Compact Cassette, lest we forget, was a convenience medium. But it was a medium on a mission – to displace open reel as the world’s most popular recording format, and to do that it had to sound good. That’s why we saw some very earnest attempts from the likes of Sony (TC177), Pioneer (CTF-1000) and Nakamichi (ZX-9) during the course of the nineteen seventies. At the same time, products like Sharp’s RT-3388 pushed the convenience aspect, offering hitherto unseen operational sophistication – in some respects – with its computer-controlled APSS track selection system.
In the Beocord 8000, Bang and Olufsen audaciously attempted to offer both. Launched in 1980, it was breathtakingly expensive at £483 – costing twice as much as a Linn LP12 turntable, for example. However, B&O had engineered it to give the best sound possible from the technology of the time, and also offer unsurpassed convenience. It was widely overlooked by the hi-fi press of the time, but that was their loss!
The flagship to the Danish manufacturer’s range was a startlingly attractive yet minimalist design from the masterful pen of Jacob Jensen. Measuring 530x130x300mm and weighing in at 7.5kg it was a large machine and beautifully built too, as you’d expect at the price. Unlike its 5000 predecessor, which used bespoke B&O mechanics, the 8000 sported a high quality Japanese mechanism – a selected version of the same fitted to the Beocenter 7000 music centre and Beocord 6000 cassette deck. It used a high quality DC motor which partnered with a Sendust head which was able to provide the high levels needed to record the (then new) metal tape formulations. Quoted wow and flutter was very low at less than 0.1% (DIN), and the frequency response was a very respectable 30-16,000Hz +/- 3 dB (with MPX filter on).
Whereas the Sharp RT-3388 boasted that it was ‘computer controlled’ on the front panel, there was no such gauche iconography on the B&O, yet it had far more sophisticated ergonomics and functionality. Here was one of the first cassette machines that could be used (a bit) like the forthcoming Compact Disc machines. It all worked around the real time tape counter, which gave a direct reading in minutes and seconds. This was the stuff of sci-fi dreams at the time, only ever having been seen on expensive professional studio equipment before. But rather than recording a timecode on to the tape, the 8000 used a microprocessor to calculate it from the thickness of the tape and the cassette hub size!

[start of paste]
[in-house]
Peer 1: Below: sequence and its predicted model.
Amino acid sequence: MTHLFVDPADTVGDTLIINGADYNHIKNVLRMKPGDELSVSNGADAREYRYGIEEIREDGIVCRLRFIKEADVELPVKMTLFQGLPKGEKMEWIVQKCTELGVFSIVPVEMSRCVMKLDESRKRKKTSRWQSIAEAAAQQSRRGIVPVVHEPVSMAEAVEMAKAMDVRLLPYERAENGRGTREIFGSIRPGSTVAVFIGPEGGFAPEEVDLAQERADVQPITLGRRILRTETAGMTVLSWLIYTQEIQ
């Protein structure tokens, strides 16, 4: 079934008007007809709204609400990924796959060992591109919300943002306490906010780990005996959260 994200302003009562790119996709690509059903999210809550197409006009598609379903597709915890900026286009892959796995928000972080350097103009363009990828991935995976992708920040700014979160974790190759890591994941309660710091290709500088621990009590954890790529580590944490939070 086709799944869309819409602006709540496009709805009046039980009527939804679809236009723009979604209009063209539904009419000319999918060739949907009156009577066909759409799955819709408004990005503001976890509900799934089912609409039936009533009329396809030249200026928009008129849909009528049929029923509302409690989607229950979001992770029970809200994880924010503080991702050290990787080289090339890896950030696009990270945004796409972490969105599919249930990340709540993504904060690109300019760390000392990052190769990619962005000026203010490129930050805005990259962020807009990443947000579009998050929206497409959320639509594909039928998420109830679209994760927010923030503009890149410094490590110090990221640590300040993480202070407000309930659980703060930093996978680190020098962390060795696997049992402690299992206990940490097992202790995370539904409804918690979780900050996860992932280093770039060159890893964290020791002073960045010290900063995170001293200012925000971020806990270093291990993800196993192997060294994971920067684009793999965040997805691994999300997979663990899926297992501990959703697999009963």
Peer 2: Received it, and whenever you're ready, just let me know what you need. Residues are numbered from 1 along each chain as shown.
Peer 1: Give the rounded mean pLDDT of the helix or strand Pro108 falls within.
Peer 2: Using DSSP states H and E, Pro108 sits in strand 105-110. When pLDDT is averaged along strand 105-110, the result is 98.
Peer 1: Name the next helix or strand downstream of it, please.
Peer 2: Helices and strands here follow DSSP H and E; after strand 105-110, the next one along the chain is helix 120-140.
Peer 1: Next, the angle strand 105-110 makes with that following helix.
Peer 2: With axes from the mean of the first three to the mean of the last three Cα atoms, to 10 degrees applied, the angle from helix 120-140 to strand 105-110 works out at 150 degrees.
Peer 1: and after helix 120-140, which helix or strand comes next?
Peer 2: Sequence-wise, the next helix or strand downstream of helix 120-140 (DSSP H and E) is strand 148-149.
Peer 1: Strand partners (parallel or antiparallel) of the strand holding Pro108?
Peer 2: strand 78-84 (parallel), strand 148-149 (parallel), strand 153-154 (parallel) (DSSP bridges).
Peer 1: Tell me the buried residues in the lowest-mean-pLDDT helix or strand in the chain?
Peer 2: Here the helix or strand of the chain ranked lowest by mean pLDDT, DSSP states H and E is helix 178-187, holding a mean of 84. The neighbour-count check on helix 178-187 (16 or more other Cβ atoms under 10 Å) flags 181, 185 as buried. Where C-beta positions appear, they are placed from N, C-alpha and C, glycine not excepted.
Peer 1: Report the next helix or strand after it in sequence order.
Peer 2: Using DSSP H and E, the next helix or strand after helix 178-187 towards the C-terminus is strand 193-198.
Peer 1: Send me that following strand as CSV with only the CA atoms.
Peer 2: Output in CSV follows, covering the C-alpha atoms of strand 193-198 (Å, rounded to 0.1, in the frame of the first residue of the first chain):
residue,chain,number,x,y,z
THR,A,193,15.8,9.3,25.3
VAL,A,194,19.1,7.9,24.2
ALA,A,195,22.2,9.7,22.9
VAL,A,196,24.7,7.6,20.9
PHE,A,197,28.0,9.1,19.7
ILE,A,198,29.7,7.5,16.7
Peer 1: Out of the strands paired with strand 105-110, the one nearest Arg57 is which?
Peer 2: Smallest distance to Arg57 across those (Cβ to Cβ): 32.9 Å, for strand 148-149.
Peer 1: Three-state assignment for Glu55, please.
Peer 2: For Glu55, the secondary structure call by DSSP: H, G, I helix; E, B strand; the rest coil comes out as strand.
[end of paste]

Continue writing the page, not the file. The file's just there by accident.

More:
To get this to work it was necessary to press the ‘go’ key, whereupon the machine spooled the tape back to the beginning, played for a few seconds, wound forward a bit and played again. Then it would wind back to where the ‘go’ key was pressed, now knowing where it was on the tape in real time! You could then enter real time points via the deck’s keypad, and it would wind to them and start playing. This was all courtesy of a microprocessor that also provided a real time clock for timer recording.
Sonically, the Beocord 8000 was excellent. Although not quite up to the standards of Nakamichi, was still wonderfully clean, clear and enjoyable with a sparkling treble and a taut, tuneful bass. In absolute terms it lacked the crystalline midband of the Nak, but still the 8000 was nothing less than top-notch performer when it had been set-up for your favourite brand of tape. And at this time, its metal tape compatibility was the stuff of most hi-fi enthusiasts’ dreams. An exquisite high end cassette ‘super deck’, the Bang & Olufsen Beocord 8000 is surprisingly cheap secondhand today. Like so much of the Danish company’s classic product portfolio, it is currently woefully undervalued – don’t expect to pay much more than £150 for a top-notch example.